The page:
They say one man’s trash is another man’s treasure. This is absolutely true for the residents of Yellowknife in Northwest Territories, Canada. Home to one of the last open landfills in North America, the Yellowknife dump is a salvager’s delight. These prospectors hunt for objects they can reuse and recycle. Some of the items thrown away are brand new or in perfect condition, others need some TLC. In a town with a long history of gold and diamond mining, these salvagers find treasure in their own unique way.
Director Amy C. Elliott’s documentary Salvage is an intimate portrait of a community in flux. In one of the most isolated areas in North America that’s ever changing with increased government regulation and population growth, the livelihood of these salvagers is in jeopardy. Elliott’s film explores three aspects of this community: the individuals who salvage and their personal motivations in doing so, the dangers of salvaging with exposure to sharp objects and disease and the government officials who are trying to control the landfill to protect the citizens.
Elliott’s film delivers a powerful message about wastefulness and resourcefulness but doesn’t do so in a heavy handed way. The audience is left to come to their own conclusions about how what their own approach to trash and recycling. Part of the fun of watching the film is learning about the individual salvagers and watching as they discover treasures at the dump. Some of the items include wedding dresses, brand new clothes with the tags still on them, Halloween costumes, glass jars, 60 lbs of bagged vermicelli, scraps of wood, antiques, toys, moccasins, photo albums and much more.
One of the biggest takeaways from this film for me was how lazy we are as consumers and the stigma that surrounds resourcefulness. The term “microcosm” is thrown around a lot in the film and Yellowknife dump truly is a microcosm of the community but it’s also a microcosm of society and the inherent dangers with progress. We lose something important when we’re not able take care of ourselves, our community and our planet.
Salvage is a fascinating documentary and viewers will gain perspective on what it means to be part of a consumer culture.
Salvage had its world premiere at the 2019 SXSW Film Festival as part of their Documentary Spotlight series. Stay tuned as I’ll be interviewing the director Amy C. Elliott for this site!
The 2019 SXSW Film Festival starts next week and I’m thrilled to be attending this year for the very first time. Many thanks to SXSW and Rotten Tomatoes for this amazing opportunity. I’m furiously building my itinerary with plenty of great films, panels, interviews and new experiences. Follow me here and on my social media for all the details.
I would have to clone myself a dozen times to experience a significant chunk of SXSW has to offer. But alas there is only one of me. I did my best to curate a list of films that piqued my interest. I’m focusing primarily on documentaries, movies directed by women, Spanish-language cinema and indie films in general. 60 % of the films screening at SXSW are directed by women which is a fantastic feat. Here is how my current slate of films breaks down:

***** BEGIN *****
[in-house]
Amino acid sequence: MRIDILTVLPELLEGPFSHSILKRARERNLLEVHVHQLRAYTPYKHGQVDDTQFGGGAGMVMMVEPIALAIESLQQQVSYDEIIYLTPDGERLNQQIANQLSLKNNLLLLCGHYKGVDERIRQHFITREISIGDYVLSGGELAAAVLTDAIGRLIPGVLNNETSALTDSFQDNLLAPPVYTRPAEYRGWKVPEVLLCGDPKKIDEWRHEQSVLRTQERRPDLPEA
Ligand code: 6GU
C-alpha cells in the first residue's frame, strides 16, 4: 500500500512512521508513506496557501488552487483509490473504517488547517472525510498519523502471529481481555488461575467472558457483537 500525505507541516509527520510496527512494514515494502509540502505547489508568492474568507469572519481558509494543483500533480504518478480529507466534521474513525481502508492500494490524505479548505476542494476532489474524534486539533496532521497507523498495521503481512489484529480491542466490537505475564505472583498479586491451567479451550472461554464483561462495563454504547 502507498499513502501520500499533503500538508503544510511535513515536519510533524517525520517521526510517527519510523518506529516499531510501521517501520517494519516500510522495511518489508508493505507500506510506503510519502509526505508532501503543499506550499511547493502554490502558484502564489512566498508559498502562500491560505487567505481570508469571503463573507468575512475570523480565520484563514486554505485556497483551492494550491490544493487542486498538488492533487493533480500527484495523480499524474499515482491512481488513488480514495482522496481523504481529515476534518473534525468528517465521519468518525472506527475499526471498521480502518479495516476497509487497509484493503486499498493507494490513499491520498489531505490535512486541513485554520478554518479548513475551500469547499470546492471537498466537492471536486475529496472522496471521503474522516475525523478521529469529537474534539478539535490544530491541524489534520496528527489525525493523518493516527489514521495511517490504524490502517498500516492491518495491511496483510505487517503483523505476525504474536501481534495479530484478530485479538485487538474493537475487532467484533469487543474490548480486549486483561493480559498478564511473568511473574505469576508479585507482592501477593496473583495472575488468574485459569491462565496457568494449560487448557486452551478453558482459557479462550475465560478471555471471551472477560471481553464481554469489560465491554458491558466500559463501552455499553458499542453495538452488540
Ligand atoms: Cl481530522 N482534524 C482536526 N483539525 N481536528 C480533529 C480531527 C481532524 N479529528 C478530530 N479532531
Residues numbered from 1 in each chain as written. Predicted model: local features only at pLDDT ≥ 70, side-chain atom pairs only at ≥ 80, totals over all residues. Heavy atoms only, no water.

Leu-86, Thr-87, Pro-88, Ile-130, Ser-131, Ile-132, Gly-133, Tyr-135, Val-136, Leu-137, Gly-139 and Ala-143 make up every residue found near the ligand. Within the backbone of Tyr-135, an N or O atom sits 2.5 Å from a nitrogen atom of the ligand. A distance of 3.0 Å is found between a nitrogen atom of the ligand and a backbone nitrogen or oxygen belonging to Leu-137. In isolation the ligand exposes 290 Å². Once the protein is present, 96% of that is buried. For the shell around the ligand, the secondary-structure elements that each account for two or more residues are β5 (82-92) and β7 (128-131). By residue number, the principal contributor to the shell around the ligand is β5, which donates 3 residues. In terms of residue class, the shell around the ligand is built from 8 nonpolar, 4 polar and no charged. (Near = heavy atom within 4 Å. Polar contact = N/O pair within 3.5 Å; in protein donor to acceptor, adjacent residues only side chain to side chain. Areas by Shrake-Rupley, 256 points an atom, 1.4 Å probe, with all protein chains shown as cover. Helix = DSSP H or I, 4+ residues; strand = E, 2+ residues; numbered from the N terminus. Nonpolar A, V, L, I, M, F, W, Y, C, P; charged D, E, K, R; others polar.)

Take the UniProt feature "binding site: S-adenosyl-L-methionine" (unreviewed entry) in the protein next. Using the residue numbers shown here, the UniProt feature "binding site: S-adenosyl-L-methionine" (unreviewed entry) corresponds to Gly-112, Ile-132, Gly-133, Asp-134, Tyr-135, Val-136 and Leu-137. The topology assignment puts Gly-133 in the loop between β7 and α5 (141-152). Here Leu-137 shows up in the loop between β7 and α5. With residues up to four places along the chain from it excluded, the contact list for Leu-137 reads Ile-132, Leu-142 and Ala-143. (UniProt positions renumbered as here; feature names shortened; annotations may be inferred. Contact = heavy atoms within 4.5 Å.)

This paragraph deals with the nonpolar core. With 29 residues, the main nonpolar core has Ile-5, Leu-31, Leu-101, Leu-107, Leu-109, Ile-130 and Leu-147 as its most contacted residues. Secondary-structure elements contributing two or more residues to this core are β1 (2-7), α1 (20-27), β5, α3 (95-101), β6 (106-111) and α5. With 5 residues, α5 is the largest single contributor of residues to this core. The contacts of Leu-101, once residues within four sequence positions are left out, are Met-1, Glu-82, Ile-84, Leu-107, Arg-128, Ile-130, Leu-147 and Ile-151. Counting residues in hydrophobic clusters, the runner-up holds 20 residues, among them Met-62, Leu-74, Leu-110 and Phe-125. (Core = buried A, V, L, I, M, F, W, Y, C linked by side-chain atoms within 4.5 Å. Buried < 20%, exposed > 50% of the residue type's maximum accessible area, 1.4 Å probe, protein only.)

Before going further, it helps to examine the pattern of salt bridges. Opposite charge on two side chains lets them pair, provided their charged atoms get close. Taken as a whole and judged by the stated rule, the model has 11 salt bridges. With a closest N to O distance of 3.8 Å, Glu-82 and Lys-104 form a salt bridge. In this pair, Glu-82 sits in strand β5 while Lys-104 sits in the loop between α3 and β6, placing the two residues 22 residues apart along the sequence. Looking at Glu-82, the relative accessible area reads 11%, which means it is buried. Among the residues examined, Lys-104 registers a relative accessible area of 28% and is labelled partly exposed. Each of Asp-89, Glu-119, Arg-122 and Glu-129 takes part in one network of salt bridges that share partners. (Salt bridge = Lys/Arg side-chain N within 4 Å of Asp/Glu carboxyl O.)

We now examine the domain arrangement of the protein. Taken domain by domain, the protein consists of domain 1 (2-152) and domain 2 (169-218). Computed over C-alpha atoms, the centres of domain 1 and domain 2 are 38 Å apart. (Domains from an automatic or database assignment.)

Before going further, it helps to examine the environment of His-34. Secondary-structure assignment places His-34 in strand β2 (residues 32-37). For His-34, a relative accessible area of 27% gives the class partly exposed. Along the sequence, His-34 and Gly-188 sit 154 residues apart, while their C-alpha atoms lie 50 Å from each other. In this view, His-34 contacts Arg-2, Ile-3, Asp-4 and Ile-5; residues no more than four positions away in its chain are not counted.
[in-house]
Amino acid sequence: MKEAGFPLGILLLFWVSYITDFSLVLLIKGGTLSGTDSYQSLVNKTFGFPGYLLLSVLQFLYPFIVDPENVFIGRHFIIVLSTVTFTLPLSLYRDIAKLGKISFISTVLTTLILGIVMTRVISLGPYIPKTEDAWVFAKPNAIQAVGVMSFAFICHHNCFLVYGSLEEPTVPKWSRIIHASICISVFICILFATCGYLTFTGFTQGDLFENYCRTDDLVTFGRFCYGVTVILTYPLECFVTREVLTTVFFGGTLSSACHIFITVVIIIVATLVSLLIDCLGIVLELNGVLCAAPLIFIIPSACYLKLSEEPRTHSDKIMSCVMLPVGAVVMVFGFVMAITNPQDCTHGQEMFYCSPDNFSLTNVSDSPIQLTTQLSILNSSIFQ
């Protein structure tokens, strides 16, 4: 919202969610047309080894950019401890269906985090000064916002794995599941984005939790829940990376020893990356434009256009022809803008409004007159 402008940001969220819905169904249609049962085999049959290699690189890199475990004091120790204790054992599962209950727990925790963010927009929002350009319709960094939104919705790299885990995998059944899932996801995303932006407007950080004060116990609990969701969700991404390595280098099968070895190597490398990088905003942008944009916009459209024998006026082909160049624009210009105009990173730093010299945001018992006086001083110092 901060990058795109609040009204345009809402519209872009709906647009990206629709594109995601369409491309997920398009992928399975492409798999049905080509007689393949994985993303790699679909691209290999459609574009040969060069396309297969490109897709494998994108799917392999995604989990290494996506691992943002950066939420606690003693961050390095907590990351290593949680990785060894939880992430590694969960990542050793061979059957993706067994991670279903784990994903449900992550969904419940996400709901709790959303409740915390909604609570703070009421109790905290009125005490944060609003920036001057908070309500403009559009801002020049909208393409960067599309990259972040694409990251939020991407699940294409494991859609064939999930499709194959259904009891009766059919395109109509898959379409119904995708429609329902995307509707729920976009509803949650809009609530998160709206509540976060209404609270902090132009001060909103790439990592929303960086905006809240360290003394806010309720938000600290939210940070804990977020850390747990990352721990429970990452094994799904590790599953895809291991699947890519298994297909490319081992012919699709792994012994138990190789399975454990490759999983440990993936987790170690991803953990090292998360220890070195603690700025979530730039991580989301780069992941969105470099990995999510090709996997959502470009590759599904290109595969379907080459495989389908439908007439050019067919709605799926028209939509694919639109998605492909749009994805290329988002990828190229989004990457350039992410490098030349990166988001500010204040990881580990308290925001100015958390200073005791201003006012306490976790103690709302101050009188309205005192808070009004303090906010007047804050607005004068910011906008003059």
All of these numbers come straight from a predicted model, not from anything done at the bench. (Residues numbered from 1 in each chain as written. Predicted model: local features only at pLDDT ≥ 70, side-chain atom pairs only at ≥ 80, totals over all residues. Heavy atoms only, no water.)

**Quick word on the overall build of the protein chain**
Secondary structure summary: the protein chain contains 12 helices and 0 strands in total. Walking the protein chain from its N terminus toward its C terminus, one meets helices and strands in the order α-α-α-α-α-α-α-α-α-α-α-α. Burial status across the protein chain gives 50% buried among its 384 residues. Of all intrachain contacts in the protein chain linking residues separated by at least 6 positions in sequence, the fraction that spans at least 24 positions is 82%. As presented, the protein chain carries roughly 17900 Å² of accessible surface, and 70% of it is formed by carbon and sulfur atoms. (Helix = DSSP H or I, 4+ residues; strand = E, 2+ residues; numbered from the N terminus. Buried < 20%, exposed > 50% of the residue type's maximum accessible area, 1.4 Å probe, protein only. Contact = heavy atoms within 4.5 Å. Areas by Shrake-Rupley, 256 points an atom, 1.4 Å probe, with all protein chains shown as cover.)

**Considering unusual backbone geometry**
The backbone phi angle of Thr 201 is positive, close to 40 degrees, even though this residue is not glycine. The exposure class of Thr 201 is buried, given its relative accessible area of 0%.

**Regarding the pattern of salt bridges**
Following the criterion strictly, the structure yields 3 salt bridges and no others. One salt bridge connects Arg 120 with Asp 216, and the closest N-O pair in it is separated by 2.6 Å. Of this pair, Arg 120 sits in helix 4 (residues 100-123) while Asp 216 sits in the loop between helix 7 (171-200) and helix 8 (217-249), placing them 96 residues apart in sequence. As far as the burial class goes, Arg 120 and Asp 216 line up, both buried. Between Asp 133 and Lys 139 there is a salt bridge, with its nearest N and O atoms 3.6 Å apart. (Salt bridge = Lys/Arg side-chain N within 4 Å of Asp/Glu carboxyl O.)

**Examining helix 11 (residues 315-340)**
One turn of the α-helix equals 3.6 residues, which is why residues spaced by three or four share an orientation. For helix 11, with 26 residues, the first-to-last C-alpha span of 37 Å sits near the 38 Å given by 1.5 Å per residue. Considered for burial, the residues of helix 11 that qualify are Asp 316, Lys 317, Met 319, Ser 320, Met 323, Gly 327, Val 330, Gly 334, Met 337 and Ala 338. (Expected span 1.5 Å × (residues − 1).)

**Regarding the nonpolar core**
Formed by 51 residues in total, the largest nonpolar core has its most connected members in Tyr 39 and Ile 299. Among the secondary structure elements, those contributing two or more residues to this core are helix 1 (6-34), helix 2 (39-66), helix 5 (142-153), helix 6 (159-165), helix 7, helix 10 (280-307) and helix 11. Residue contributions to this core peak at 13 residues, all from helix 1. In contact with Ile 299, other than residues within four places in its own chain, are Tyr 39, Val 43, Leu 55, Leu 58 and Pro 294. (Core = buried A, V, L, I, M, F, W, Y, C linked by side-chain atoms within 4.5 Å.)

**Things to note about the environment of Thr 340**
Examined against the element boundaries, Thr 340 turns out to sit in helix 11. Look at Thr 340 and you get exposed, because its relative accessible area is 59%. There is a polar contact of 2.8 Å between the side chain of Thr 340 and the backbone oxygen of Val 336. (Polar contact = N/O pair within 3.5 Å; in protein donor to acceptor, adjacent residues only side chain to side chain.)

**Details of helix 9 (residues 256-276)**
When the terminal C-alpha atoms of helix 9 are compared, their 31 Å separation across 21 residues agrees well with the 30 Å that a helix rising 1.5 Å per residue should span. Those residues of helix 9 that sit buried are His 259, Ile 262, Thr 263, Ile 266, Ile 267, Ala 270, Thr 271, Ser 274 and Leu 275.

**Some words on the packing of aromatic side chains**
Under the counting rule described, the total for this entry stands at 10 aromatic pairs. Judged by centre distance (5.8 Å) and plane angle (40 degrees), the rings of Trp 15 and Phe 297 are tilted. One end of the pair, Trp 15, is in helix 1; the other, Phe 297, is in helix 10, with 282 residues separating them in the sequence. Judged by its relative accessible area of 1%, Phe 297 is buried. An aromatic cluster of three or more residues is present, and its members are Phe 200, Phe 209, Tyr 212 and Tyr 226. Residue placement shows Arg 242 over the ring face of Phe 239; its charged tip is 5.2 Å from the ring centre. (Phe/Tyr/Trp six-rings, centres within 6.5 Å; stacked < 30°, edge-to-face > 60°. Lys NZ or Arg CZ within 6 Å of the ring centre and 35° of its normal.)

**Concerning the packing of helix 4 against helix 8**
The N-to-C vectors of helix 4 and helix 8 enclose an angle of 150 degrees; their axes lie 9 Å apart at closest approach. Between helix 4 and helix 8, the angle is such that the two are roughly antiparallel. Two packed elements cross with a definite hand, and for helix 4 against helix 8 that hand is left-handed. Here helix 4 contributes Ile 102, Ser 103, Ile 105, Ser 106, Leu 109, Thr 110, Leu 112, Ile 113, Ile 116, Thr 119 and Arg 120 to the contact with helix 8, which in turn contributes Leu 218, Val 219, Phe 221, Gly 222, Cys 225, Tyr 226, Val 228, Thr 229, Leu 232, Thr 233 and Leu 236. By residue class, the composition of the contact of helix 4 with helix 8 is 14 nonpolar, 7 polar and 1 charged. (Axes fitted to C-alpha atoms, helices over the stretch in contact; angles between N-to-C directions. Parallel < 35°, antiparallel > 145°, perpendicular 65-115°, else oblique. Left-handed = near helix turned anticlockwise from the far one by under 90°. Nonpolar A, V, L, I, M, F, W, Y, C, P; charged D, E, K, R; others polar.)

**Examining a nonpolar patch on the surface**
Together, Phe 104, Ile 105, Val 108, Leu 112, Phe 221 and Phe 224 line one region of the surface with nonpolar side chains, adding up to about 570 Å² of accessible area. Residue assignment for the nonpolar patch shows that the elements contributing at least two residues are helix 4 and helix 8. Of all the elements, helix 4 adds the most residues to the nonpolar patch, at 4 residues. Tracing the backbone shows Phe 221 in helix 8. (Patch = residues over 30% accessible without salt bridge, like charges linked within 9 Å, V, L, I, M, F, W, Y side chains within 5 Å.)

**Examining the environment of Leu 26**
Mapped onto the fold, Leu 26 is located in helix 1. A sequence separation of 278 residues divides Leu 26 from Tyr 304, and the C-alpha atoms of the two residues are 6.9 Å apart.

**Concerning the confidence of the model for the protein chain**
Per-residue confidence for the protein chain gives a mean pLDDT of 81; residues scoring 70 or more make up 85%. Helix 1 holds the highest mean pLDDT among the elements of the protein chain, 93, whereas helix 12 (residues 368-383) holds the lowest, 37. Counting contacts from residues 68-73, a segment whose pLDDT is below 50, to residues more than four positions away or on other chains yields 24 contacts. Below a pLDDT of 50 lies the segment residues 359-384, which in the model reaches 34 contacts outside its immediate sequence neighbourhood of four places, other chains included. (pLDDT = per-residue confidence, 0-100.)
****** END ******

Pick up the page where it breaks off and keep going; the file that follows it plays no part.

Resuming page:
Films Directed by Women: 9 (out of 15)
Now on to my SXSW picks!
Sunset Over Mulholland Drive
Directed by Uli Gaulke
SXSW Documentary Spotlight
If you know me it’ll come to no surprise that this new documentary about residents of the Motion Picture & Television Fund home is my #1 pick. I’m a big champion for elderly and the residents of MPTF all have amazing stories to share about their contributions to the entertainment industry. I had the honor of visiting my friend Lillian Michelson at MPTF last year. Gaulke’s documentary follows a group of MPTF residents as they collaborate on new projects. I’ll be reviewing this one over at my classic film blog Out of the Past.
Directed by Amy C. Elliott
SXSW Documentary Spotlight
Elliott’s new documentary explores the open landfill of Yellowknife, Northwest Territories, Canada and the group of townspeople who salvage items from it. Yellowknife dump is one of the only open dumps in North America and regulations to control it pose a threat to the local community. I’m very curious to see what this film has to offer in terms of insights into what the objects we throw away have to say about us as a society. As they say, one man’s trash is another man’s treasure. Stay tuned as I’ll have an interview with the director as well as a review!
What drives someone to the breaking point? Paul Solet’s new documentary Tread takes a look at Marvin Heemeyer, the Colorado man who in 2004 ran a fortified bulldozer through his hometown, systematically destroying homes and businesses. This bizarre case has always intrigued me and Solet’s film offers various perspectives in an attempt to answer the biggest question: why?
The Beach Bum
Directed by Harmony Korine
Starring Matthew McConaughey, Snoop Dogg, Isla Fisher, Stefania Lavie Owen, Jimmy Buffett, Zac Efron, Martin Lawrence
There will be big competition for the Headliners at the festival and while I’m happy to watch those at a later date, I can’t pass up the opportunity to see a Harmony Korine film at SXSW! I love Korine’s Spring Breakers and Mister Lonely and am excited for his latest movie. The Beach Bum stars Matthew McConaughey as Moondog, a free spirit who marches to the beat of his own drum. It features a stellar cast! I’m ready for another quirky yet subversive story, Korine-style.